13 January, 2000
We are beginning to get a good routine here at Cape Bird. The hut is very comfortable, especially with the small group staying here. At present there are five of us. Brent and Leigh are graduate students working with Springtails, the only insect in this area. Kerry and Tony are the penguin wranglers that I am helping.
The hut is kind of a combination double wide trailer and mountain ski touring hut . There are two bunk rooms, a dinning/living area and a science lab. There is even a shower, though you have to hike a bit down the hill to get water from the glacier melt water stream. The Cape Bird hut is run by the Kiwis. I am the only American here, so I am taking a lot of flack about "yanks" from these blokes. I think I'm even starting to talk like them, mate.
Karry has spent the last ten field seasons here working with Adelies. She really knows and understands them well, and is always willing too explain the finer points of penguin biology to me. The Adelies themselves are incredibly interesting. Each day I see new behaviors in the birds. Their body language is very expressive. Each action has meaning which I am beginning to understand. They are quick to let us know if they disapprove of something we are doing. Oftentimes they are very inquisitive and walk right up to us, crane their neck around and look us over. The parents even bring their chicks right in next to us. If I lay on the beach, a small group will come over to examine the strange new animal with bright colors.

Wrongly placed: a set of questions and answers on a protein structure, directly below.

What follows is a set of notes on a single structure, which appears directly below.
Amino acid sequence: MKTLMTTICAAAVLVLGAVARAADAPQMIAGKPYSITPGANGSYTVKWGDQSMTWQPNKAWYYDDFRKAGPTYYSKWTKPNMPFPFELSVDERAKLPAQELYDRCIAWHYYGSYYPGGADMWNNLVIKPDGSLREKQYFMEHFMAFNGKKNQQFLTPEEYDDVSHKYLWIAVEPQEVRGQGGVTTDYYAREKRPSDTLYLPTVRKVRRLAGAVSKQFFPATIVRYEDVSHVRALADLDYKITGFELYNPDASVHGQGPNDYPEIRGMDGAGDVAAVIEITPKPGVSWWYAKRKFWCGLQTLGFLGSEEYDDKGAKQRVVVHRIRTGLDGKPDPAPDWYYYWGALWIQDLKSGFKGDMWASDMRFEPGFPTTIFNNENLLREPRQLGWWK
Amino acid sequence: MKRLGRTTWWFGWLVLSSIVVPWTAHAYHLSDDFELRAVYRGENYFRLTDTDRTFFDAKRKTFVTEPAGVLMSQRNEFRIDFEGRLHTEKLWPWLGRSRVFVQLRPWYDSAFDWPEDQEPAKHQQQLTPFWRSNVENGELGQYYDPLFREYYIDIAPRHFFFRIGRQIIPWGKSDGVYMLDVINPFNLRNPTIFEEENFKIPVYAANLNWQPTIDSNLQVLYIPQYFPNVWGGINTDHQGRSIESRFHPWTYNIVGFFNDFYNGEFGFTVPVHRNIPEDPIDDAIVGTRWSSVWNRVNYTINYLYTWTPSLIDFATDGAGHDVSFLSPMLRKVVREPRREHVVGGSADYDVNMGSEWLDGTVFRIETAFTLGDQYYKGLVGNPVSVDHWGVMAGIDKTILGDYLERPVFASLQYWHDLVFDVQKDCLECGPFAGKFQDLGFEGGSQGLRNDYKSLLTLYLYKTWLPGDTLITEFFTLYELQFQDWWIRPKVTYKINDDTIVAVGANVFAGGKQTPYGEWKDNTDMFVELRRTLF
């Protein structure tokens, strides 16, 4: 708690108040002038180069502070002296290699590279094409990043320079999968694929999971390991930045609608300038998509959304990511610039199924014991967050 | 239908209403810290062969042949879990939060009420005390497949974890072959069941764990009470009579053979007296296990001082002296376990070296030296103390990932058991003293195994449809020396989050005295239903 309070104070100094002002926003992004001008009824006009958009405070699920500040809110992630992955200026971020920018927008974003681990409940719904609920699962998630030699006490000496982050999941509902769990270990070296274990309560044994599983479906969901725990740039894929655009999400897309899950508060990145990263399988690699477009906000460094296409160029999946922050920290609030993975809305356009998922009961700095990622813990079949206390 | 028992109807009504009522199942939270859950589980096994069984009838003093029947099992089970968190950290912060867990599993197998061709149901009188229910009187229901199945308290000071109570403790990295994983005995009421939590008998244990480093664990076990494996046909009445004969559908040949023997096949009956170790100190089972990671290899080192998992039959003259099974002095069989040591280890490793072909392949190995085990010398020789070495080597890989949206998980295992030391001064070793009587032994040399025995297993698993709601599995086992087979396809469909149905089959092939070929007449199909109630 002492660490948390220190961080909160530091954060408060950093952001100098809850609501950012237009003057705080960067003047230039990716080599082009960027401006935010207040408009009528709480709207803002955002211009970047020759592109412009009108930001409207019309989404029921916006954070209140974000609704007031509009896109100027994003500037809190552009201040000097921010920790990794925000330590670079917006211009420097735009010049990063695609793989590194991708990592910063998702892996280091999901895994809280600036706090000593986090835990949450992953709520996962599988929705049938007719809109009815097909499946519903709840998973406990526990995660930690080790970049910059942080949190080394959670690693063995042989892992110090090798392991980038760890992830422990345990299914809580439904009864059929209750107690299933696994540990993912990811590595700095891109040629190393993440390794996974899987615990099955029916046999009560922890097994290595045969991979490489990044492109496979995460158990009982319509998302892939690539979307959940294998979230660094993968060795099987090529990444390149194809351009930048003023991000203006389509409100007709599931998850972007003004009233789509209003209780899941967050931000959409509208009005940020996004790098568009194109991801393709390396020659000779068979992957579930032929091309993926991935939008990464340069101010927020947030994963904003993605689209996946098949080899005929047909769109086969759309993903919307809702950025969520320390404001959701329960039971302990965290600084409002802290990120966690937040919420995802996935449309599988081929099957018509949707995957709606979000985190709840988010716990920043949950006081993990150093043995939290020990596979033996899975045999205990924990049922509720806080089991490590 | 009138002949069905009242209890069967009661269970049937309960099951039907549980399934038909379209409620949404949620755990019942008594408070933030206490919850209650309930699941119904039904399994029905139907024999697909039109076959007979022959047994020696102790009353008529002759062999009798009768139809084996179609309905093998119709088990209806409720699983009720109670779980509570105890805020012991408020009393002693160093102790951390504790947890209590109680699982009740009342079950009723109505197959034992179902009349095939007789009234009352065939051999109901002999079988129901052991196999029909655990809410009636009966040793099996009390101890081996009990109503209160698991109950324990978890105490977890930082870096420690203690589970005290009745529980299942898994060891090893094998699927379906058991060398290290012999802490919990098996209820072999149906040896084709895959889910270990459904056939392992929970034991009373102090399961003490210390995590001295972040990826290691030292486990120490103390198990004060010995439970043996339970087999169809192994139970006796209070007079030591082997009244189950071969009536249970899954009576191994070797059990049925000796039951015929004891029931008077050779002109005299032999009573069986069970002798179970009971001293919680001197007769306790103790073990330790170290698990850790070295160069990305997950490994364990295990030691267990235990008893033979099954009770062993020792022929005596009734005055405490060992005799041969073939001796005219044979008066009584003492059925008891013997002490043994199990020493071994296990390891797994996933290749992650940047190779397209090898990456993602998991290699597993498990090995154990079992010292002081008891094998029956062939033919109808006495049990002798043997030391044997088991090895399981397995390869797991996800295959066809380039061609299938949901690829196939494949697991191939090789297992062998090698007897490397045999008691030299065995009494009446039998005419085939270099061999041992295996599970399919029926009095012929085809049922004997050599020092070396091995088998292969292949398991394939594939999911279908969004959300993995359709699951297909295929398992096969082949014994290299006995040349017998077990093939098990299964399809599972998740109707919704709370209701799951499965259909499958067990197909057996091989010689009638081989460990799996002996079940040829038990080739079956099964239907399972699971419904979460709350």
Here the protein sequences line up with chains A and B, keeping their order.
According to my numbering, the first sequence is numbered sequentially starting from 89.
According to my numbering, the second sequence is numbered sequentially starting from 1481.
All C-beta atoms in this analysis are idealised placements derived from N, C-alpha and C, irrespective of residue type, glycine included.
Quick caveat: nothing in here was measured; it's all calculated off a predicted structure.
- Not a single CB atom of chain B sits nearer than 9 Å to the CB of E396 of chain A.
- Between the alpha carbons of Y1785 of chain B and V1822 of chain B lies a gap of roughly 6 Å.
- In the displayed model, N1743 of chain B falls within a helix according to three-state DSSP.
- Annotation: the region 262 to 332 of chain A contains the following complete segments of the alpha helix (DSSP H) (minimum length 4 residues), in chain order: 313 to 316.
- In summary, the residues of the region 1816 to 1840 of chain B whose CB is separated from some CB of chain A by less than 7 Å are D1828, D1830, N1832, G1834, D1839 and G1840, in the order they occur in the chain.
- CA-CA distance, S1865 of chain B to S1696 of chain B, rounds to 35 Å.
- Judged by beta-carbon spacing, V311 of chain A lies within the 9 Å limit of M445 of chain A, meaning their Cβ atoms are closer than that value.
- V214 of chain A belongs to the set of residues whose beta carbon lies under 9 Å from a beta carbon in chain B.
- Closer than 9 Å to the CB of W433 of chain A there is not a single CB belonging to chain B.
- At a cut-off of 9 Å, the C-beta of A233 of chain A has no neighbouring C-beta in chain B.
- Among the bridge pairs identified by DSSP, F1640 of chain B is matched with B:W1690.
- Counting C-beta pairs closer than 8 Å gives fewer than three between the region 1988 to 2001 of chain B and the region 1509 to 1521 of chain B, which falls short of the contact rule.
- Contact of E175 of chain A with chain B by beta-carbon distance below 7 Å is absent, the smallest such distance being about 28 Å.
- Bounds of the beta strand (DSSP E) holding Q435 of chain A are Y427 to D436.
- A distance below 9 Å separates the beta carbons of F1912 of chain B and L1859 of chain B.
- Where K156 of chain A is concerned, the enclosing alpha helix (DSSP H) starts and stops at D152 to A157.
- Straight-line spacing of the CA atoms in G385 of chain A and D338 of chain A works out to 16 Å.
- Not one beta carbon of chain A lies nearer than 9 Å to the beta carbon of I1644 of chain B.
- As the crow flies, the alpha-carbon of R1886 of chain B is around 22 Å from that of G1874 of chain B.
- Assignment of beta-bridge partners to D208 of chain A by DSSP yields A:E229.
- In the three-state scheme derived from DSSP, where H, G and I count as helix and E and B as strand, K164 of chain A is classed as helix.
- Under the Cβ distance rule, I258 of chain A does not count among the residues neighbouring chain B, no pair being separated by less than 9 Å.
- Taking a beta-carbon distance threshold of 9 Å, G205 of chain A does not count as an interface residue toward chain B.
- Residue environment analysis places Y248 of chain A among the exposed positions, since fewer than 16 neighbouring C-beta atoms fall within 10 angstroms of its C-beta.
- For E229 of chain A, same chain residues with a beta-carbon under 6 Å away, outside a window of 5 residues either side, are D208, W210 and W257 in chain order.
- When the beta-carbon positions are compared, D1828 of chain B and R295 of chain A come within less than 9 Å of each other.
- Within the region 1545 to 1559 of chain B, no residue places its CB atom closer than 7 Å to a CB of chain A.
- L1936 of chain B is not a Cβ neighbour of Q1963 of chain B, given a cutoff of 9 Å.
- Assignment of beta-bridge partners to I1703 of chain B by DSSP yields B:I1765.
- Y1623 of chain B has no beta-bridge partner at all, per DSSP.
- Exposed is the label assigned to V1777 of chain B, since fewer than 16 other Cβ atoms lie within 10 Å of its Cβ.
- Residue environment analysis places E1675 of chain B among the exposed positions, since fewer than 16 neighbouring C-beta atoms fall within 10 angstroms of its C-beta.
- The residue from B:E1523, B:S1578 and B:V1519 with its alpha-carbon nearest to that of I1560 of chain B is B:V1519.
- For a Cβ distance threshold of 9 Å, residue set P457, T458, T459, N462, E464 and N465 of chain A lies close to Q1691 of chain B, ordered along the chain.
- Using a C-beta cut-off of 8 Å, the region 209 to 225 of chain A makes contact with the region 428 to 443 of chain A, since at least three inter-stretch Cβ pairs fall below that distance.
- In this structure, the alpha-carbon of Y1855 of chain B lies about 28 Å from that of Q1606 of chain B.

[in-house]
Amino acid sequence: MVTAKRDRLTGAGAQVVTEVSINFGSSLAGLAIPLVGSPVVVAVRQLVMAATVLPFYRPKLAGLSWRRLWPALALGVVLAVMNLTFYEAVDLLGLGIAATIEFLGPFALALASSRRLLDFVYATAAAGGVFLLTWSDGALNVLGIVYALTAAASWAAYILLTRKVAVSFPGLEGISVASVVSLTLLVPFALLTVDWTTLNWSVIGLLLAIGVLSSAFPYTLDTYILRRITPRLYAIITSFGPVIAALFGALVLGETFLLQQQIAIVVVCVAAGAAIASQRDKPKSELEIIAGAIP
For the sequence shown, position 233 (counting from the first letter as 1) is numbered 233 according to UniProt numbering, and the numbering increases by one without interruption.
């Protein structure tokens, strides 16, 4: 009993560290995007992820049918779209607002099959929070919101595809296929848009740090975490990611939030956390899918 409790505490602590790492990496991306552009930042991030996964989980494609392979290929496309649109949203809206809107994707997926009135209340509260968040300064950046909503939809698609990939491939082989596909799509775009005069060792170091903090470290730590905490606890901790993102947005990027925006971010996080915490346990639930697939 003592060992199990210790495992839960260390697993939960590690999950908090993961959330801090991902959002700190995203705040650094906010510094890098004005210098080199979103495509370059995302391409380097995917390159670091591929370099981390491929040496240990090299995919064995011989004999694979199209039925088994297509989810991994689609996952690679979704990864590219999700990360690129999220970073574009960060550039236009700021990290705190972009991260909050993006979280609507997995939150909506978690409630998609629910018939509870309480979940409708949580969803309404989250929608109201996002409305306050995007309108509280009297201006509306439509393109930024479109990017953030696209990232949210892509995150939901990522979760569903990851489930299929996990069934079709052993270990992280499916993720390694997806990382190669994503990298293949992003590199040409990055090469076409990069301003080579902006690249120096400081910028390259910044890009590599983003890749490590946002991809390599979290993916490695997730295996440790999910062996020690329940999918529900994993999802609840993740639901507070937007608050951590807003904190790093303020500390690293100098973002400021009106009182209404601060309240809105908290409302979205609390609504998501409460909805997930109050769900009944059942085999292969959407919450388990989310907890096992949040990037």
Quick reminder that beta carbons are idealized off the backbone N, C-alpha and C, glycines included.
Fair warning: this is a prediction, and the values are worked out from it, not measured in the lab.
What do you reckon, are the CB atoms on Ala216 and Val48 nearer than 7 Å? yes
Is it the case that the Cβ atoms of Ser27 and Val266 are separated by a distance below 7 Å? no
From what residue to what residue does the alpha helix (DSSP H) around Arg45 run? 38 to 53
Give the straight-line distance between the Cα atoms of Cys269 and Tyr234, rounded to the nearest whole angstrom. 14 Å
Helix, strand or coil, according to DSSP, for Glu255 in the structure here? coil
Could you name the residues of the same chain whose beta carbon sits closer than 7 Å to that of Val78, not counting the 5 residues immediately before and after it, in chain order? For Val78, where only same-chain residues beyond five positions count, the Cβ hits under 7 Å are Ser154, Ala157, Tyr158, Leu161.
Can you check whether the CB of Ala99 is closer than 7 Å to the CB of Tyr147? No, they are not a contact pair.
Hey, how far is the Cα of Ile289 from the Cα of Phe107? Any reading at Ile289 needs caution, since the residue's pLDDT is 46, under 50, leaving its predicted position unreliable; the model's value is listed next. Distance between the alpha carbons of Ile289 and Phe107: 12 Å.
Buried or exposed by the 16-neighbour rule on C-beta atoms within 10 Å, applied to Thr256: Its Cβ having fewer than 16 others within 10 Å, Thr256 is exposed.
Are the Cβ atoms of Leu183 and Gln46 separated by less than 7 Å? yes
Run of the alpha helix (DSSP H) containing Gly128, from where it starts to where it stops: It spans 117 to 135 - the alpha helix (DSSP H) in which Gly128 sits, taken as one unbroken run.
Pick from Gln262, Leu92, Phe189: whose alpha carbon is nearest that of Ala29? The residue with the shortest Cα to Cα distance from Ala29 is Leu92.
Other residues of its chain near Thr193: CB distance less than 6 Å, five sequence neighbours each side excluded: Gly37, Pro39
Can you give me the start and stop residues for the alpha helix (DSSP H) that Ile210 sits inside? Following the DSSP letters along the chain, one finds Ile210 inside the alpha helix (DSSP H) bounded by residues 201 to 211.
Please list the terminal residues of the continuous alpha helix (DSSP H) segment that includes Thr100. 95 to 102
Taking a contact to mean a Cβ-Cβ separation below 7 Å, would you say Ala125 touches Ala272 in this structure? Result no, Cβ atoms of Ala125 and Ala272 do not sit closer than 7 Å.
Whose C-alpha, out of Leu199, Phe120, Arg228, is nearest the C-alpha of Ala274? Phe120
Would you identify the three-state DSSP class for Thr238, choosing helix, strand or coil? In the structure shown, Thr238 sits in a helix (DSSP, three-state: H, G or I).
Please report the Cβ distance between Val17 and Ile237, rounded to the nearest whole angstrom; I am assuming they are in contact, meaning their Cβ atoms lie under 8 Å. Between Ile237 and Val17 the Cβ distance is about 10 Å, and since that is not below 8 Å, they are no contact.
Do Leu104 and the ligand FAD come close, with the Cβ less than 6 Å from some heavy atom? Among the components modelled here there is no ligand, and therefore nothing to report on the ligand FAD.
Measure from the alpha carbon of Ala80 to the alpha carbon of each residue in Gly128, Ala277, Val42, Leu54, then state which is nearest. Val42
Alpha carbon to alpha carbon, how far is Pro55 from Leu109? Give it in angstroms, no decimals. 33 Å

Adelies are a great animal to work with; they don't seem to mind us in the middle of their colony and they can be caught for radio tagging with a minimum of disturbance. All of the other birds I have ever worked with would never let you get so close to their nest without serious distress. Penguins, however, have no natural land predator. Nothing on land threatens them so they have no reason to fear humans (unless they have learned recently). This makes it possible to learn a great deal about their biology with a minimum of effort. Penguins, and parcticularly Adelie penguins, are the only bird species I can think of where there are large numbers of flightless birds that can be studied. This allows for lots of data to be compiled and hence a more accurate picture of the animalís life and ecology to be developed. The adelie colony is a perfect natural laboratory.
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